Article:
Presumptive Democratic presidential nominee Hillary Clinton was in Springfield, Ill., Wednesday where she sought to use the symbolism of a historic landmark to draw parallels to a present-day America that is in need of repairing deepening racial and cultural divides.

The Old State Capitol — where Abraham Lincoln delivered his famous "A house divided" speech in 1858 warning against the ills of slavery and where Barack Obama launched his presidential bid in 2007 — served as the backdrop for Clinton as she spoke of how "America's long struggle with race is far from finished."

Episode 711: Hooked on Heroin

53 minutes ago

When we meet the heroin dealer called Bone, he has just shot up. He has a lot to say anyway. He tells us about his career--it pretty much tracks the evolution of drug use in America these past ten years or so. He tells us about his rough past. And he tells us about how he died a week ago. He overdosed on his own supply and his friend took his body to the emergency room, then left.

New British Prime Minister Theresa May announced six members of her Cabinet Wednesday.

Amid a sweeping crackdown on dissent in Egypt, security forces have forcibly disappeared hundreds of people since the beginning of 2015, according to a new report from Amnesty International.

It's an "unprecedented spike," the group says, with an average of three or four people disappeared every day.

The Republican Party, as it prepares for its convention next week has checked off item No. 1 on its housekeeping list — drafting a party platform. The document reflects the conservative views of its authors, many of whom are party activists. So don't look for any concessions to changing views among the broader public on key social issues.

Many public figures who took to Twitter and Facebook following the murder of five police officers in Dallas have faced public blowback and, in some cases, found their employers less than forgiving about inflammatory and sometimes hateful online comments.

As Venezuela unravels — with shortages of food and medicine, as well as runaway inflation — President Nicolas Maduro is increasingly unpopular. But he's still holding onto power.

"The truth in Venezuela is there is real hunger. We are hungry," says a man who has invited me into his house in the northwestern city of Maracaibo, but doesn't want his name used for fear of reprisals by the government.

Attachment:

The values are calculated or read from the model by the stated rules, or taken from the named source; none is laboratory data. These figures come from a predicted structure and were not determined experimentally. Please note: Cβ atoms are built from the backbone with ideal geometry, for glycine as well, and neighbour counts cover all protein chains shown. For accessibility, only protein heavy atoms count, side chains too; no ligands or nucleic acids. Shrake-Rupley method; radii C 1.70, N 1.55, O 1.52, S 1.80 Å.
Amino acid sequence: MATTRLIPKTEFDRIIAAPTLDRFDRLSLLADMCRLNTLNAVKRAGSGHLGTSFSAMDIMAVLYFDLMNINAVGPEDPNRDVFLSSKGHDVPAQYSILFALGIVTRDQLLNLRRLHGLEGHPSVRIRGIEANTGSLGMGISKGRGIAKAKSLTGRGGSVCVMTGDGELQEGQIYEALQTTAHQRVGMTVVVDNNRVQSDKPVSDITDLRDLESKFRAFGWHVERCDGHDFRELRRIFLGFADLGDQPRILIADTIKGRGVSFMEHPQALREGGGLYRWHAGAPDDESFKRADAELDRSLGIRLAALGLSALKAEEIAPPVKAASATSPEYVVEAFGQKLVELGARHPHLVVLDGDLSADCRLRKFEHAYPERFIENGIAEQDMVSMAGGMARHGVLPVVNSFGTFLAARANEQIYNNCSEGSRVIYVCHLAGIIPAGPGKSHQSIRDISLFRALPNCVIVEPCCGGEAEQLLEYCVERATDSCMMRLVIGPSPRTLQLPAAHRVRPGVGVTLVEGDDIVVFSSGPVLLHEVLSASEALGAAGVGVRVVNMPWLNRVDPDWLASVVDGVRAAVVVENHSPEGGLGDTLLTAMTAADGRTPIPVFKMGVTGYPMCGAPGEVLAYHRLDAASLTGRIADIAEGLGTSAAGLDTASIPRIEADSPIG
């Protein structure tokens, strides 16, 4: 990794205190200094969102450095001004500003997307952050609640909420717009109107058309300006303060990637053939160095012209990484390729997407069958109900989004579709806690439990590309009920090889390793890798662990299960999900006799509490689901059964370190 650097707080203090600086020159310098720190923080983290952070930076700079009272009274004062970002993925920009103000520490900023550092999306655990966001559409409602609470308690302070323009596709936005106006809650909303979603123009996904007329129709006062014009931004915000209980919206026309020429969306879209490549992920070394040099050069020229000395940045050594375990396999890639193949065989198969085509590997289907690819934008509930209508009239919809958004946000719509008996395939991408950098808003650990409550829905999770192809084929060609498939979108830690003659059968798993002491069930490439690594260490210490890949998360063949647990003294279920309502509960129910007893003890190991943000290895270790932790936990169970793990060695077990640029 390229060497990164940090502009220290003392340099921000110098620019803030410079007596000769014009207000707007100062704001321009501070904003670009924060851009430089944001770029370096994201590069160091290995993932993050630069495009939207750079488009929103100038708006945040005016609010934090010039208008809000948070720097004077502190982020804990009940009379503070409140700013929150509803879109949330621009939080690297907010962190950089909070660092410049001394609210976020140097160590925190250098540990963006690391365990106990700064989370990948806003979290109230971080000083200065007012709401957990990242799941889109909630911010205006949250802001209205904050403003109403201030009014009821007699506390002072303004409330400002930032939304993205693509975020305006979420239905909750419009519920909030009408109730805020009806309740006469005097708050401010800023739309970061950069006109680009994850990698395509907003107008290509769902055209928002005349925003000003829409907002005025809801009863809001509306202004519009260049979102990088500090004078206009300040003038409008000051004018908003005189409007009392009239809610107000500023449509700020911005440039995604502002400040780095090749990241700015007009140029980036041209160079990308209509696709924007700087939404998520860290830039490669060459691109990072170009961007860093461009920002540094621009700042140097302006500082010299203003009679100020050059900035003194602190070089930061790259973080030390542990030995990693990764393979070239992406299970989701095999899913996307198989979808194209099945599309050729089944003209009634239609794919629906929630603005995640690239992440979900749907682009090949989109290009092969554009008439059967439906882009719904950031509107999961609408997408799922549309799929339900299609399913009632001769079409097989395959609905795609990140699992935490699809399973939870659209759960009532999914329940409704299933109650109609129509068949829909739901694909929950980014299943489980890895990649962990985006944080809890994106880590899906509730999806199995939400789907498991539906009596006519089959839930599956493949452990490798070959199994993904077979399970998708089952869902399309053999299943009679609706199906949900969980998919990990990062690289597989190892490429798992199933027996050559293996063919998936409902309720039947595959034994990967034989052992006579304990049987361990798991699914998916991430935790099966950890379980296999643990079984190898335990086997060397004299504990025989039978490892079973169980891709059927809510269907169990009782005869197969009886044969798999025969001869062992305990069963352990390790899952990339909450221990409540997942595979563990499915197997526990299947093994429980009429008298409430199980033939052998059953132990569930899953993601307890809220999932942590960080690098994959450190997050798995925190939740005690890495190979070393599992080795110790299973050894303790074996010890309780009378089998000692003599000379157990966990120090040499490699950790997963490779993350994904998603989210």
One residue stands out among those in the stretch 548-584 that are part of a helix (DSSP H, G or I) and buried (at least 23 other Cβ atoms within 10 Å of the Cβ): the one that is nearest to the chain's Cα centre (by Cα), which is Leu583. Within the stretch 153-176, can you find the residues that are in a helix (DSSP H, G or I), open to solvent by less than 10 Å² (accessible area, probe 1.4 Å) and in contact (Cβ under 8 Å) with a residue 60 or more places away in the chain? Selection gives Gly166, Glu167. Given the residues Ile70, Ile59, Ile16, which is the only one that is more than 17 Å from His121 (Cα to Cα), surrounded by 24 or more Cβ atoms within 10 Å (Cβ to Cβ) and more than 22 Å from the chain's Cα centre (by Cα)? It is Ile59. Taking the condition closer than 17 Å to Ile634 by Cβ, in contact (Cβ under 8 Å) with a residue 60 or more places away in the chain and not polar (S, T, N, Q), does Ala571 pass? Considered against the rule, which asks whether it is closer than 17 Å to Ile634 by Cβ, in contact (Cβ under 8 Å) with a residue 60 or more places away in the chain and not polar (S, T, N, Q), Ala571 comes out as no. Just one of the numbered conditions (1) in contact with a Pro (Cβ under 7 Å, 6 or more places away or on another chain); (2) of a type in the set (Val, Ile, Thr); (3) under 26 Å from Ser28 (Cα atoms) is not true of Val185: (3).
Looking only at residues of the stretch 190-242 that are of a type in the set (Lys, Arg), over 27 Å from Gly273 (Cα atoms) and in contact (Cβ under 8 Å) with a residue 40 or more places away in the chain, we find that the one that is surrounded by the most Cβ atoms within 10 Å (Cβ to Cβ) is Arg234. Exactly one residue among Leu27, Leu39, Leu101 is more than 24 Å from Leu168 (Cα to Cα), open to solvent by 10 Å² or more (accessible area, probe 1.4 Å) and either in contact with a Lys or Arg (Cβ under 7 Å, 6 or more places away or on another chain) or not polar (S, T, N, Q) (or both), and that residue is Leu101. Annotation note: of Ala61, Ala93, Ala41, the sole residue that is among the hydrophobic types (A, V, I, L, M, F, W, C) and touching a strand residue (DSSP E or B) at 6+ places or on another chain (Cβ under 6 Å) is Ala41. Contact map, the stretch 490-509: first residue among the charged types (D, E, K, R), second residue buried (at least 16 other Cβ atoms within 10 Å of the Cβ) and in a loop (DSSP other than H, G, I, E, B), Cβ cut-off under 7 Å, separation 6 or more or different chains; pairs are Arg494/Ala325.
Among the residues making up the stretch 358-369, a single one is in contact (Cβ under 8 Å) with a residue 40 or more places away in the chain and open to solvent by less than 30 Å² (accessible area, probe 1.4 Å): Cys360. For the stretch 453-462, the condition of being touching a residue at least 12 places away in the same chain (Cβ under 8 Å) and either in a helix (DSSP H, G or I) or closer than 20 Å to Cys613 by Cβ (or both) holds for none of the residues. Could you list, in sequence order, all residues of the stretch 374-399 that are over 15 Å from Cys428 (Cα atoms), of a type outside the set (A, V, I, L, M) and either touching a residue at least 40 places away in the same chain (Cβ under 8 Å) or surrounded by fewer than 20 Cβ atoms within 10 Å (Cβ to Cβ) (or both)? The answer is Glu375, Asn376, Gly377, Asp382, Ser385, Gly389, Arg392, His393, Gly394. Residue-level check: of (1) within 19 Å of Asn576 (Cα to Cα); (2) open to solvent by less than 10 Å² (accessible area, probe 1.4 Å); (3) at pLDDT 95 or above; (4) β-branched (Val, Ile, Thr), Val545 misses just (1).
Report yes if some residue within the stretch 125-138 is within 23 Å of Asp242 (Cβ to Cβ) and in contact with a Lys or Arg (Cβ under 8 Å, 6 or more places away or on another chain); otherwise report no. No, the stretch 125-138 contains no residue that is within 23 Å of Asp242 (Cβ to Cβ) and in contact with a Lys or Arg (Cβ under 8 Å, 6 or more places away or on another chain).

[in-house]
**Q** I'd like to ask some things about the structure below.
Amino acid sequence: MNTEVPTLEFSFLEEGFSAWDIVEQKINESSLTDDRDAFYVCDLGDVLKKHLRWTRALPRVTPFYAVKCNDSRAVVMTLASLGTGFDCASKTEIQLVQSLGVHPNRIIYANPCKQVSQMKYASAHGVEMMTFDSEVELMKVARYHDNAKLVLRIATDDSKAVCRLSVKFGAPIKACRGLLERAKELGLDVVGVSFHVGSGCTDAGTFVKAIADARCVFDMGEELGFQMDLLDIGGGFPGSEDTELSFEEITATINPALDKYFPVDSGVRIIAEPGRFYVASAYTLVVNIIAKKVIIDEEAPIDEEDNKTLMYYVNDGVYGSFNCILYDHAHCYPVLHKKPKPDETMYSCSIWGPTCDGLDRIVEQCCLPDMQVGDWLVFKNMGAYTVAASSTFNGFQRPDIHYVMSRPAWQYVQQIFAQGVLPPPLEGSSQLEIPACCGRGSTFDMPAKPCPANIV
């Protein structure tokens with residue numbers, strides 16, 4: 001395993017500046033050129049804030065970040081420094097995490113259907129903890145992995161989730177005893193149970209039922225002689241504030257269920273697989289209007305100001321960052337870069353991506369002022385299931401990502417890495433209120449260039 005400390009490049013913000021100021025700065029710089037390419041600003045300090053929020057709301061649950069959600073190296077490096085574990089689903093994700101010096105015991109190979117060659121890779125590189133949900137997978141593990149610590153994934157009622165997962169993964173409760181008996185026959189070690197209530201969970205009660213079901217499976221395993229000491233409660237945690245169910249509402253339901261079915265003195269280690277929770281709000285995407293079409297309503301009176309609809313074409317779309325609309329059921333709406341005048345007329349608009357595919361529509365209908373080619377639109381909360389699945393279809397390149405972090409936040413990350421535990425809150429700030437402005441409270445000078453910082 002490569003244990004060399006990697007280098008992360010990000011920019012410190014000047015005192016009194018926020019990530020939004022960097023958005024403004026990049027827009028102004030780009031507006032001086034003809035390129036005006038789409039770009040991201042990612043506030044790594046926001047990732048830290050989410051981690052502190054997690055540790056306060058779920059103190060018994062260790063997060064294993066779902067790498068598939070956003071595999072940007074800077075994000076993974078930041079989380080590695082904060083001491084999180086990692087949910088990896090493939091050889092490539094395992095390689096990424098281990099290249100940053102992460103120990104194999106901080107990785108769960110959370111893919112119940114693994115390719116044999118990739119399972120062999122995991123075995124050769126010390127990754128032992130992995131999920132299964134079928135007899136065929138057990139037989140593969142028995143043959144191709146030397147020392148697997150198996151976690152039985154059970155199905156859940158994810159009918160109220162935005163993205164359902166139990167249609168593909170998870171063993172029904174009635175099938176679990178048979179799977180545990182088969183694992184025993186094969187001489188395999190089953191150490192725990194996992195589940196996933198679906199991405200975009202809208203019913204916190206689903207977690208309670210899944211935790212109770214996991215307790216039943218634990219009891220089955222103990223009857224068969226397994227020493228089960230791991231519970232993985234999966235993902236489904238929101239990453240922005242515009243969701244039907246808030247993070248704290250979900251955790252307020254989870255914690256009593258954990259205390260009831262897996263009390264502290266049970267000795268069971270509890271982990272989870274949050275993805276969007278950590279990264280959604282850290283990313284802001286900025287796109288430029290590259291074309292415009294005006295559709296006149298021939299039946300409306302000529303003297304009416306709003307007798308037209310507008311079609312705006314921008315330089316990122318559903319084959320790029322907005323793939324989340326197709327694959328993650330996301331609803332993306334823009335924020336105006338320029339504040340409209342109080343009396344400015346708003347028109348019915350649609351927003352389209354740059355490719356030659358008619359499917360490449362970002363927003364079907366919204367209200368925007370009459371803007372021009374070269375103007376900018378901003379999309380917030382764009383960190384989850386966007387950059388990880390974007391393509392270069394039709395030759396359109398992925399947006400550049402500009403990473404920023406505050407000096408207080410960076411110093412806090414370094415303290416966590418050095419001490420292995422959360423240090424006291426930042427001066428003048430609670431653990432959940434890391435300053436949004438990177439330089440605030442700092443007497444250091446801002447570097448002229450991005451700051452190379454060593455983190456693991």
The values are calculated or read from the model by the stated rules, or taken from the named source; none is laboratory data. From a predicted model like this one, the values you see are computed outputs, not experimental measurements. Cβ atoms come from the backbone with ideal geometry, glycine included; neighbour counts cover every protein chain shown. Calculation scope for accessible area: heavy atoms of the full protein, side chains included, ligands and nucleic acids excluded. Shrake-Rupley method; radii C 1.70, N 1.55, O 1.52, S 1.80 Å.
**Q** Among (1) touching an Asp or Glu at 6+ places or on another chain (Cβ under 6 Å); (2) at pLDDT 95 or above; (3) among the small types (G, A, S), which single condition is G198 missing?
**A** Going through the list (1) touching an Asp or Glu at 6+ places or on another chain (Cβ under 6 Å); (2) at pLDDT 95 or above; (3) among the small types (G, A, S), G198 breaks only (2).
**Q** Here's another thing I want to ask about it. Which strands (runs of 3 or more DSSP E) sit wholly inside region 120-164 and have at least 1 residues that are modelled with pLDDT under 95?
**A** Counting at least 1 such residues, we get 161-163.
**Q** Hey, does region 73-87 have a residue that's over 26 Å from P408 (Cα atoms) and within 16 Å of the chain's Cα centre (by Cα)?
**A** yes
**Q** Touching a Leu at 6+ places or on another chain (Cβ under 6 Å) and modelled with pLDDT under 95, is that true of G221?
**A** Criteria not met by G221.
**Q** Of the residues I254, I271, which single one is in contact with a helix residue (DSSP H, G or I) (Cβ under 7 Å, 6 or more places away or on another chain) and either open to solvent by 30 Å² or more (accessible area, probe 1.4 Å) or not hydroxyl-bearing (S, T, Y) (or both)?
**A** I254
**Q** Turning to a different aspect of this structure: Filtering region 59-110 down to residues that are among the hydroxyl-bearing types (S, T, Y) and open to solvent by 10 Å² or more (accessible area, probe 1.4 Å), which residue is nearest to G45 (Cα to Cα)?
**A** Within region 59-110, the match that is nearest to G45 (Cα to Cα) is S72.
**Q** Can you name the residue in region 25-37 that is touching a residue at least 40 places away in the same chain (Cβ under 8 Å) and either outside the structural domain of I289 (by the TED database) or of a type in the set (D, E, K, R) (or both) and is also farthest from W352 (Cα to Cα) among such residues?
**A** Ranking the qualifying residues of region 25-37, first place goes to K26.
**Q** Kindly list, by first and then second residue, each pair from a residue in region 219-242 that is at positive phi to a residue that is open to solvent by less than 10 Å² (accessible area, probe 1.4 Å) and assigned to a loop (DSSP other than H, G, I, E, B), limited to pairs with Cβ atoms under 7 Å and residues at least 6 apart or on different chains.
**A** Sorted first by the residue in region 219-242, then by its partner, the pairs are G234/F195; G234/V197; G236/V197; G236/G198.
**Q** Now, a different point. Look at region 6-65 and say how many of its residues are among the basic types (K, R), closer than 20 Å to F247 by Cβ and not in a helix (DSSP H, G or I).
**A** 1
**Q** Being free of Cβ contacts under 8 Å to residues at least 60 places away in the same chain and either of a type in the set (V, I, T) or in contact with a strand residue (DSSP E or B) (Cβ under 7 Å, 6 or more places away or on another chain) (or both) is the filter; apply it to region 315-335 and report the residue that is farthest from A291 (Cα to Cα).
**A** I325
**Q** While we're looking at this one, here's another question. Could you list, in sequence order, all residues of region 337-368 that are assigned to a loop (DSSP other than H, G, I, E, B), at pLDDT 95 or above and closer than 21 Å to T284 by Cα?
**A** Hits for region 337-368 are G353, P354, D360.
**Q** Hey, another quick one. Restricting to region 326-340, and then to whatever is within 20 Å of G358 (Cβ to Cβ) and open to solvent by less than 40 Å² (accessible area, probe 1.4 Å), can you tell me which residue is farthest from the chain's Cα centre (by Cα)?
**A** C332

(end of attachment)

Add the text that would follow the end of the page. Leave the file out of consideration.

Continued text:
The wiry man paces angrily as he speaks. It wasn't always this way, he says, showing how loose his pants are now.

Ask a typical teenage girl about the latest slang and girl crushes and you might get answers like "spilling the tea" and Taylor Swift. But at the Girl Up Leadership Summit in Washington, D.C., the answers were "intersectional feminism" — the idea that there's no one-size-fits-all definition of feminism — and U.N. climate chief Christiana Figueres.

Copyright 2016 NPR. To see more, visit http://www.npr.org/.

Arizona Hispanics Poised To Swing State Blue

4 hours ago
Copyright 2016 NPR. To see more, visit http://www.npr.org/.

Pages

Rye Bother? An Inside-The-Barrel Look At American Whiskeys

Sep 9, 2013
Originally published on September 13, 2013 2:18 pm

Ten years ago rye whiskey was on the brink of extinction.

Despite its venerable history as the whiskey made by George Washington, only a handful of distillers were bottling this quintessentially American spirit. And you definitely couldn't order a rye Manhattan at your local cocktail lounge.

My, how times have changed.

Now craft distilleries have popped up across the country devoted solely to making the golden liquor. And hipsters from Brooklyn to San Francisco can impress their friends by commenting on the peppery notes imparted by the rye in their Old Fashioned.